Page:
In November 2015 when John Pombe Magufuli took over as President of the United Republic of Tanzania, he suspended all foreign travel by public officials and significantly chopped public spending.
All focus was on this educationist who is obsessed with figures and statistics – he literally knows every statistics that his eyes have glanced on.
Magufuli earned his bachelor of science in education degree majoring in chemistry and history as teaching subjects from The University of Dar es Salaam in 1988.
Prior to his Bachelors degree, he attained a Diploma in Education (Sc.) Chemistry, Mathematics and Education. This is where his obsession with statistics starts from.
Now going back to his first days as president, Magufuli made several phone calls to various leaders across the continent and the world for some, to express continued diplomatic ties while some he was seeking advice on important issues of development.
But one biggest challenge he had encountered was the shame that the government he was inheriting did not have its own national carrier yet literally every tourist has at least some knowledge on Tanzania but just a mere million tourists were visiting.
When Magufuli looked at the statistics of tourists that visit Tanzania, he was shocked that they were too small to boast about. He needed to do something about these shameful statistics.
A quick research and incquiry with his advisers led to something that would point to possible solution to fixing the national shame.
“We did an analysis and found that countries owning airlines also receive the highest numbers of tourists,” Magufuli said last week.
“We checked with Egypt, talked to Kenya and even Morocco- these are countries with large numbers of tourists flocking. Imagine Egypt has over 10 million tourists visiting and for us we just have only one million tourists,” Magufuli wondered how quick he would fix this challenge.
By April 2016, Magufuli had just spent a few months in office as head of state. He drove to the border with Rwanda to jointly inaugurate the Rusumo International Bridge and a one-stop border post. President Paul Kagame was there to meet his counterpart that later drove to meet at Kagame’s country home on the shores of Lake Muhazi.
This was Magufuli’s first foreign trip as president which several external and domestic analysts had not expected but keenly scrutinized as the new reformist leader spent two days in Rwanda.
His predecessor had strained relations with Rwanda thus Magufuli’s choice of Rwanda for his first foreign trip was treated with skepticism.
“I normally don’t like to travel because I am busy at work and I want to save on resources. I have been invited to go to many places, including Europe and I haven’t been able to make it. But when President Kagame invited me, I had to come.” Magufuli said in 2016.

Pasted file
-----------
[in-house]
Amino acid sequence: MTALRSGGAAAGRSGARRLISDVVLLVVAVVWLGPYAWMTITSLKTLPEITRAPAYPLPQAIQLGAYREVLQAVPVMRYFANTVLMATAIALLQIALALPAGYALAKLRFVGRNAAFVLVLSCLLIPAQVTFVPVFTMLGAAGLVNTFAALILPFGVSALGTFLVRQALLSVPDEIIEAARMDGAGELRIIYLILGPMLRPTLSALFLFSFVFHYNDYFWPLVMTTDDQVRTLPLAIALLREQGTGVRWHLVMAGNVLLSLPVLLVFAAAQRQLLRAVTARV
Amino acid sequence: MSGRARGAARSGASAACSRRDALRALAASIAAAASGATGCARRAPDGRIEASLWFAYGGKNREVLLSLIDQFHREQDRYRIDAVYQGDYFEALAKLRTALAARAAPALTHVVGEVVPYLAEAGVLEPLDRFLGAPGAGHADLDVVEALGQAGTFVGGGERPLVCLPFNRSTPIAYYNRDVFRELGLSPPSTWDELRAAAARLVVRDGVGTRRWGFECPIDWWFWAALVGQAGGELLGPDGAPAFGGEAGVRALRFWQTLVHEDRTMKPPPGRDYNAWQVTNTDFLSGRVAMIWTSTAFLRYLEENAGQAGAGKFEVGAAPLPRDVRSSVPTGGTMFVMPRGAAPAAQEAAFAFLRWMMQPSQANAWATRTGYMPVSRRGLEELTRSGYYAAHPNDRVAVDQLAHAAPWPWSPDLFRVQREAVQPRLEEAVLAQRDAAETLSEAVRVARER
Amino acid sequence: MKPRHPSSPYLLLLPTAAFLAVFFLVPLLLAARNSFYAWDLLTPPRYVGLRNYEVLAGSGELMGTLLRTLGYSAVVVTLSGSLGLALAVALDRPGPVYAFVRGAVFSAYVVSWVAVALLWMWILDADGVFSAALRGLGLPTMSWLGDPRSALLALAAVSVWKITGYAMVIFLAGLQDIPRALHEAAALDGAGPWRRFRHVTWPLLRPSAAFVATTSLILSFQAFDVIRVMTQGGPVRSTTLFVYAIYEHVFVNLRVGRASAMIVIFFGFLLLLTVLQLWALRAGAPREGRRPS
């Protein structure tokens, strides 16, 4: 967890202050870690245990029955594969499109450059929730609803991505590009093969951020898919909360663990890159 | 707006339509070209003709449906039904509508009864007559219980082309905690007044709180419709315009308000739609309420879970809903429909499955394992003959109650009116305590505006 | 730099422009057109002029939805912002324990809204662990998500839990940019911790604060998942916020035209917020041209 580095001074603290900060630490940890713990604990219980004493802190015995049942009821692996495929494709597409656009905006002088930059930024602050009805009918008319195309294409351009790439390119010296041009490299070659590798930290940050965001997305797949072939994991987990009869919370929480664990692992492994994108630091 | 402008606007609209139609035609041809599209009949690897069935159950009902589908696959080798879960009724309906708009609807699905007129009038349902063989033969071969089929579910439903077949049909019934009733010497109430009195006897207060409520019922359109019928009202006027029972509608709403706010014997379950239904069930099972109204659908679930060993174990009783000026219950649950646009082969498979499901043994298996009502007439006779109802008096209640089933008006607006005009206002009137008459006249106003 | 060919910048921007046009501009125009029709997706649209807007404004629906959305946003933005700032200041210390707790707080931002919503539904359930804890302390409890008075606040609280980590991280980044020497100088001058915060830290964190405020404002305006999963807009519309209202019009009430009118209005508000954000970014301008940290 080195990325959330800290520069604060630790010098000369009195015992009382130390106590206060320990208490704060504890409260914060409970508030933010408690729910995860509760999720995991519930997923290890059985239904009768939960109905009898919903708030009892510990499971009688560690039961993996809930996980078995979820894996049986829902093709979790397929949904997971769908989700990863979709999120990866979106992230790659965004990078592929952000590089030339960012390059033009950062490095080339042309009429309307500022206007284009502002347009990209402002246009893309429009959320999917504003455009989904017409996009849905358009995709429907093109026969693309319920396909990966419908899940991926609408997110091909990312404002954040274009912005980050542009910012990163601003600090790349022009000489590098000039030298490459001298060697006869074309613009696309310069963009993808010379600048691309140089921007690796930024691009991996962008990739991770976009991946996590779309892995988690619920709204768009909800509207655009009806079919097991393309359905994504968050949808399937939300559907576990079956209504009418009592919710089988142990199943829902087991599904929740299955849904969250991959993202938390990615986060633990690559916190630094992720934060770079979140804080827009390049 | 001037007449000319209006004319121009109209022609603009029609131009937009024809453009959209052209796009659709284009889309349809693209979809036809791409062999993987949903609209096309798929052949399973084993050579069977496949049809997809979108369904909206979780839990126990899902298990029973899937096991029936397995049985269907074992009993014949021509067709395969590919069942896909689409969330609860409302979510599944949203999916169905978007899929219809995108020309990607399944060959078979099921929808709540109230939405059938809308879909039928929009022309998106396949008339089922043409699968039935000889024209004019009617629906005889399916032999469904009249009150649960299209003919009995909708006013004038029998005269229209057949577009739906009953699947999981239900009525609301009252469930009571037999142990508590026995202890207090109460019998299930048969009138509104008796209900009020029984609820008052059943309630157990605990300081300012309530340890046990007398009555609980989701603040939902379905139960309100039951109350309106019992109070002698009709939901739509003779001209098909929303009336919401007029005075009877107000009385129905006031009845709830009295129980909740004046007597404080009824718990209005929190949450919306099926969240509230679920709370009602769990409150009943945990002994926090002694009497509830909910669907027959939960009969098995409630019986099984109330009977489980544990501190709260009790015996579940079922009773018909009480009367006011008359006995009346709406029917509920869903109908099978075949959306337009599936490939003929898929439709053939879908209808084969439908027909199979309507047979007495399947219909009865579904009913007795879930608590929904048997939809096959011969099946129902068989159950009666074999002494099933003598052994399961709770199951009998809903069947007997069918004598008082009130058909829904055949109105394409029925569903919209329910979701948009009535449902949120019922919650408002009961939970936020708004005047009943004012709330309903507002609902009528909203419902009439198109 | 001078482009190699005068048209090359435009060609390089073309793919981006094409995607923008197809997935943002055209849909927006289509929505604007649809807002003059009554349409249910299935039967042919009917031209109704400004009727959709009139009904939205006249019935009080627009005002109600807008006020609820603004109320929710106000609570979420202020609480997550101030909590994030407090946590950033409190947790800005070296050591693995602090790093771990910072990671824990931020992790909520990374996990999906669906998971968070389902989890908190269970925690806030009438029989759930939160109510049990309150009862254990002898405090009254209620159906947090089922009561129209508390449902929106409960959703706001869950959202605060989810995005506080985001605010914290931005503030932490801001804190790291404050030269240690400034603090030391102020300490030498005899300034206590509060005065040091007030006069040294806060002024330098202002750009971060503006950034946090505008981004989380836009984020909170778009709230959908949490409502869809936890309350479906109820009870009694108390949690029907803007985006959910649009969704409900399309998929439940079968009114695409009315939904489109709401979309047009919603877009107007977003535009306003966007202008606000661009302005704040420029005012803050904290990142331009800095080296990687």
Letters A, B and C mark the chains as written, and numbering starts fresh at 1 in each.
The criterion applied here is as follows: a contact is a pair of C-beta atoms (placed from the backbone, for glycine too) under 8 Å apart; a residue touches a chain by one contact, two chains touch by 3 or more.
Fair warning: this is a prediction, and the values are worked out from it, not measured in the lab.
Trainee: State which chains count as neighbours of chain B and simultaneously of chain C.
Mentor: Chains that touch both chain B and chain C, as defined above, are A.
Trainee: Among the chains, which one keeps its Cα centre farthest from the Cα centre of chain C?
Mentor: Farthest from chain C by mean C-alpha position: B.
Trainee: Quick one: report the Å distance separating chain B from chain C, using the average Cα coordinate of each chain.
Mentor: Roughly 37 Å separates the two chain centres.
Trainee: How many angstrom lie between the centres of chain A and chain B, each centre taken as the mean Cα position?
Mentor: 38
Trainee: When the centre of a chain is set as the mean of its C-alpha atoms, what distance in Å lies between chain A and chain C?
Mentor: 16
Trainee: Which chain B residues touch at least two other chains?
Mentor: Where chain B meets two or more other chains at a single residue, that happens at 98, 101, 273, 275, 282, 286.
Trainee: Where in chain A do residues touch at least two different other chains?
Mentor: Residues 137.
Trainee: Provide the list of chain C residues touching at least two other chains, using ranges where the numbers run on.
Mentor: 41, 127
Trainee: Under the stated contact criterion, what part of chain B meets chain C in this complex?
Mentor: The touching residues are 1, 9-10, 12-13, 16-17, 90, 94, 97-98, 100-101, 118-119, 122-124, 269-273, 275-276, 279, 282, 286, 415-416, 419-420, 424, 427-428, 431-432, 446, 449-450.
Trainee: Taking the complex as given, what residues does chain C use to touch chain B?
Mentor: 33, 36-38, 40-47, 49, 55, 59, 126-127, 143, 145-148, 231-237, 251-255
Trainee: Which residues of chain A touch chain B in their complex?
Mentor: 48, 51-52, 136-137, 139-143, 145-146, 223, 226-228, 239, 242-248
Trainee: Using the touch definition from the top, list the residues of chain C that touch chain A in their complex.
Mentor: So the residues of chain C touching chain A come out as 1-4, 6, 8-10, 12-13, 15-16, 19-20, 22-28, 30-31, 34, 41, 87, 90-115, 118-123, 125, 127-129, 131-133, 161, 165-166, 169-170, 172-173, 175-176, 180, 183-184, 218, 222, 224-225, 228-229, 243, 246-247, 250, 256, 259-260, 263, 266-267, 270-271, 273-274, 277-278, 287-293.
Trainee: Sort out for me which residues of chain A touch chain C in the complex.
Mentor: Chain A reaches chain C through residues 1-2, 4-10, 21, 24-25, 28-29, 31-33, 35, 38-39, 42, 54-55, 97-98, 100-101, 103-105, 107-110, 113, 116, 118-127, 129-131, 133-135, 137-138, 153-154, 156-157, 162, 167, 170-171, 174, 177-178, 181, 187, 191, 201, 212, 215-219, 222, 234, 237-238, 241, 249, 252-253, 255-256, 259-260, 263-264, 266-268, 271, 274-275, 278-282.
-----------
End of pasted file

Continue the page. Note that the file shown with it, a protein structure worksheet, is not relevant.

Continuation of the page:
President Kagame told Magufuli that all the two countries needed was “Friendship, we need brotherhood, and we need to do business together for mutual interests.”
There was not much revealed about their detailed conversations at the shores of Lake Muhazi but it was evident the two leaders explored several aspects.
It has now emerged that while in Rwanda, Magufuli tabled the challenge of how Tanzania would walk out of the ditch of shame for not owning her own national carrier and wanted Kagame to explain in details how he managed to build RwandAir from scratch to an enviable national carrier.
[We cannot confirm if the issue was discussed then, but the two presidents, according to Magufuli, talked about it at some point.]
Almost three years later, Magufuli is now revealing that President Kagame is a genuine friend that armed him with details of advice on how to revive Air Tanzania.
“Let me thank President Kagame. He told me, just do it. If you delay you may meet bigger challenges,” Magufuli said over the weekend adding that it’s when he realized that in Kagame he had a good friend.
“Kagame advised me to contact all the aircraft manufacturers at the same time to get good purchase deals. I did the same and actually bought seven planes,” Magufuli said amidst applause from Tanzanians gathered to receive the first Boeing aircraft at Julius Nyerere International Airport (JNIA).
Magufuli has already handed four aircraft to state owned Air Tanzania Company limited (ATCL) and is to deliver two CS300 jetliners from Bombardier company in Canada by November.
President Kagame said while hosting Magufuli in 2016 that cooperation based on peace has potential to transform the two nations.